Lovely — I feel warmer already just looking at them! Of course, because of the small pictures the wonderful details aren’t immediately apparent, so I recommend heading over to Bluefly where you can embiggen the snapshots of each dress, thereby banishing winter’s chill for another day.

Nearly nude nuptials

Wednesday, February 13th, 2008

From faithful reader mkb comes this little gem about a bride and a groom who tied the ol’ knot sans costume.

Saying “I do” in the buff

These unusual nuptials came about because Melbourne, Australia’s FOX 109.1 radio station wanted to set up a publicity stunt in cooperation with the Australian Diamond Company. The station chose Shelley and Josh over a number of other couples to get hitched in the buff…by which they really meant the pseudo-buff.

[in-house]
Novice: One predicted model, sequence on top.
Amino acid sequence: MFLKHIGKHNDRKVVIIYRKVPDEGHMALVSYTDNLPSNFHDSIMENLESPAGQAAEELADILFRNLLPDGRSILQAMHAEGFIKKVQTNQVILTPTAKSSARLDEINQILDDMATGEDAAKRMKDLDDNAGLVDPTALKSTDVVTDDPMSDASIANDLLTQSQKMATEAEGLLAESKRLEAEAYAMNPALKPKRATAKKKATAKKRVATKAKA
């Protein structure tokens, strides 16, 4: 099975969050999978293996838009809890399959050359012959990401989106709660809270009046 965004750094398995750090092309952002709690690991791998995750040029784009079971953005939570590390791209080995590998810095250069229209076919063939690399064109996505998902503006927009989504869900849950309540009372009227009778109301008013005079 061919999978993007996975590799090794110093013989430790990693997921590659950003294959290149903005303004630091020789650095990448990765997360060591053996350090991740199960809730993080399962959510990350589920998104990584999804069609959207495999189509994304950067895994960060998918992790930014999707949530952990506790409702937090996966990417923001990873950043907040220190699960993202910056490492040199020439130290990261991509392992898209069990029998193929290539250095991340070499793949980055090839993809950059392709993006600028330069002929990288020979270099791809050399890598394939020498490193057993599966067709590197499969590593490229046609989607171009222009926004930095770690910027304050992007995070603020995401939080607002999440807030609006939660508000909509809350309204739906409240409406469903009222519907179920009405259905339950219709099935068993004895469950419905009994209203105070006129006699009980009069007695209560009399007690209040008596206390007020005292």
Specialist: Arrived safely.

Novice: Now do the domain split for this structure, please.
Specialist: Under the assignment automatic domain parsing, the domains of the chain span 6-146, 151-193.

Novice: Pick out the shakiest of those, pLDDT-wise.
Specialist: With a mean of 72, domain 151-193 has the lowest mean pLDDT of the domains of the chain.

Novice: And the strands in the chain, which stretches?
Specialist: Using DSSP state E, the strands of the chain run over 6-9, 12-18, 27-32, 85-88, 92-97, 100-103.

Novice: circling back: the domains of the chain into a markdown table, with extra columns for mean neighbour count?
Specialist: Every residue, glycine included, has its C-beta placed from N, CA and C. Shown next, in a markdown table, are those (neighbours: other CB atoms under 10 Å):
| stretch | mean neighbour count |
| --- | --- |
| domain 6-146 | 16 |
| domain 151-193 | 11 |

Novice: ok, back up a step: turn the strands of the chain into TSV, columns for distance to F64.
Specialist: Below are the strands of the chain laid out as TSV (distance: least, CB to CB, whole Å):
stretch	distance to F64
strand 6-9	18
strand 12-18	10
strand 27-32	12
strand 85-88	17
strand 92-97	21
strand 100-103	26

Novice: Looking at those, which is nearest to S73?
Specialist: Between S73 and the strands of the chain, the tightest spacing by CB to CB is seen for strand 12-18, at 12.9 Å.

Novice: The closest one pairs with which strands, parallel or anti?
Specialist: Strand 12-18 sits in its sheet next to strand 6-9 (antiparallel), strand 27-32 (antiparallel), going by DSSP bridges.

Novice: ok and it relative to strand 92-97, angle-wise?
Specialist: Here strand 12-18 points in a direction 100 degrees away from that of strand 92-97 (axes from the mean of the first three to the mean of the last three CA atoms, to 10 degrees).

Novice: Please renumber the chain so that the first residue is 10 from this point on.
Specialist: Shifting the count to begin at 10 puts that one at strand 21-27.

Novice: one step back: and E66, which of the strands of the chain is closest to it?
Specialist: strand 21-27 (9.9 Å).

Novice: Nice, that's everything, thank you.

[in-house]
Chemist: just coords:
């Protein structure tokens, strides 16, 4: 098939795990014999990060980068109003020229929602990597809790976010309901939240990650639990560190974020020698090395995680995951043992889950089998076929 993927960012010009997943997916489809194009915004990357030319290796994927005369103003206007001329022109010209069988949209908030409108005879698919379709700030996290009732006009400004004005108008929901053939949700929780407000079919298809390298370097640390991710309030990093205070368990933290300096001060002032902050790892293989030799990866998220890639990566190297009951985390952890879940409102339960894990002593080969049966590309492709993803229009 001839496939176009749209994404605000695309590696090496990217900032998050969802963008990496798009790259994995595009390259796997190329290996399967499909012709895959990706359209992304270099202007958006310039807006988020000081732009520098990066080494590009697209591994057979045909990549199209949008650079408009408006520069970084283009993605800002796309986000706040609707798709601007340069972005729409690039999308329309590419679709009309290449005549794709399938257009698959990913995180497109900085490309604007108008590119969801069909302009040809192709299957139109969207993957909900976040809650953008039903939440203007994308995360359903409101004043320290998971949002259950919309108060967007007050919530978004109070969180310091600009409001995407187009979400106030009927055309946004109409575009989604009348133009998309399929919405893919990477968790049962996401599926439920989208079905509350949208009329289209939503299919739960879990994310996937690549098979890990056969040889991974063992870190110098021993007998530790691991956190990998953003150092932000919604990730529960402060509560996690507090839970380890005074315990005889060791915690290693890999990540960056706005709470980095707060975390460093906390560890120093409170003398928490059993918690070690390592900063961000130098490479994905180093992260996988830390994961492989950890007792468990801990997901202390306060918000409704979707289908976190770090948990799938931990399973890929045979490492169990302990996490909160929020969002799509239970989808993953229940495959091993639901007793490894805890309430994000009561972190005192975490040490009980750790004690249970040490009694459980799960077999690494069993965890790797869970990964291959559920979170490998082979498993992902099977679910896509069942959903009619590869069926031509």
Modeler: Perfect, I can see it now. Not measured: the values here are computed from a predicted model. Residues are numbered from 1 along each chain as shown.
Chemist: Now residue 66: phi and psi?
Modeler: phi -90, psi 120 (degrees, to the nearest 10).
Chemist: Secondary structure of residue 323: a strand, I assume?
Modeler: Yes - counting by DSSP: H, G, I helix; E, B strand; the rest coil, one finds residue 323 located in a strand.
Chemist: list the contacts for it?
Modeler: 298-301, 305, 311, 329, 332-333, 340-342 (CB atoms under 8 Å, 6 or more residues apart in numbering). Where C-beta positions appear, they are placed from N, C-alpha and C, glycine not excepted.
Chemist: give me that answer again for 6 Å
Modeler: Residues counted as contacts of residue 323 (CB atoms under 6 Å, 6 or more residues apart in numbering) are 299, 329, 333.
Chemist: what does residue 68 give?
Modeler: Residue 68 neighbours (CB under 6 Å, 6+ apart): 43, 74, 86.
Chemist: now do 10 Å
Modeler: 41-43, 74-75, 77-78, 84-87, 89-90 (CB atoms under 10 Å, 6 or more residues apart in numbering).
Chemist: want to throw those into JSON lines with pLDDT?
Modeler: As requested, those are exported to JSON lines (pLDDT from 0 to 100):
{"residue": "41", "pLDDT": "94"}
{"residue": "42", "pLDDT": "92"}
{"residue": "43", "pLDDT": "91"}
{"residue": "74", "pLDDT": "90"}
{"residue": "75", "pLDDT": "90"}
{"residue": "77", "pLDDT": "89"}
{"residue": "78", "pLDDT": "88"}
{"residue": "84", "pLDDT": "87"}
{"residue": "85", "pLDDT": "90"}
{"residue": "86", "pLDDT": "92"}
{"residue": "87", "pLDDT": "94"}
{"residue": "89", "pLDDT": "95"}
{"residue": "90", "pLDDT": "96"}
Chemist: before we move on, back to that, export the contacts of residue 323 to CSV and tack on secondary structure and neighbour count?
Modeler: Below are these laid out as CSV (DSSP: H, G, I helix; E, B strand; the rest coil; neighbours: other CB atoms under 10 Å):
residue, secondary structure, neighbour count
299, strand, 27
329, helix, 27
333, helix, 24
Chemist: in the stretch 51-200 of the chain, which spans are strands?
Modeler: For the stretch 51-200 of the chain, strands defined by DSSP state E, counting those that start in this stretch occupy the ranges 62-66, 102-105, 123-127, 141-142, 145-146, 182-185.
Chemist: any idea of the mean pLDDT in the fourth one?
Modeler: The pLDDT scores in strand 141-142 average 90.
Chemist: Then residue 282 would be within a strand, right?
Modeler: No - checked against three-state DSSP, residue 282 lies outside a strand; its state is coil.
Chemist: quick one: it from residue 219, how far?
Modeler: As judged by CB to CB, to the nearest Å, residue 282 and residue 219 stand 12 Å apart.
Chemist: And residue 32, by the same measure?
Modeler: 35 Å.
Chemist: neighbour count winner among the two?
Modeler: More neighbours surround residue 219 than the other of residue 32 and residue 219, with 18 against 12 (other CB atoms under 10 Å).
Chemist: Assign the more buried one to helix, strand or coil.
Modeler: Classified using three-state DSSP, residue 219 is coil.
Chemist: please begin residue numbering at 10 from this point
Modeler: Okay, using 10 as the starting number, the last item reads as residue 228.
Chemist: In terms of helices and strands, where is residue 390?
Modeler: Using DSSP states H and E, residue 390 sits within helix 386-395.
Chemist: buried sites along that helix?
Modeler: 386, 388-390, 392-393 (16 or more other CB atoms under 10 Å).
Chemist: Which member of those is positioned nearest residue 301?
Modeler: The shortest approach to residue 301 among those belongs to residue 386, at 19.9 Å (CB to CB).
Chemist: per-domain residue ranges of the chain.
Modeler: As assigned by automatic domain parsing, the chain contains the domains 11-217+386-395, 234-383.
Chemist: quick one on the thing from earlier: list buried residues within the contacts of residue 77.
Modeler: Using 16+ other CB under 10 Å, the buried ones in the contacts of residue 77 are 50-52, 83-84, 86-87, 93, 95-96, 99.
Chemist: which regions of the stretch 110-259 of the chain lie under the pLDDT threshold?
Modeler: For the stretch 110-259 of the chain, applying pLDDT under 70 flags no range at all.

What do I mean by pseudo-buff?

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Settle? Um, ew?

Tuesday, February 12th, 2008

Does passion even have a place?

I’m the first one to say that marriage isn’t always about ZOMG PASSION. First kisses, those are about passion. Romantic weddings? Passion-o-rama. Post break-up youknowwhatsie? Whoa Nelly! But marriage…marriage is occasionally antipassion, a substance that has a lot in common with antimatter. But, hey, there’s gotta be some passion, because that little spark that makes you feel all googlywoogly in your stomach when you look at your mate should never die out completely.

Unless, that is, you are one Lori Gottlieb, a woman who has apparently made a career out of airing her complexities (read: issues) in the public eye. In a recent article entitled Marry Him! she asserts that every single woman everywhere, no matter how satisfied, no matter how independent, wants a man, any man, as in “oh please for the love of God send a man so I can get married because there is no greater fulfillment for a woman!”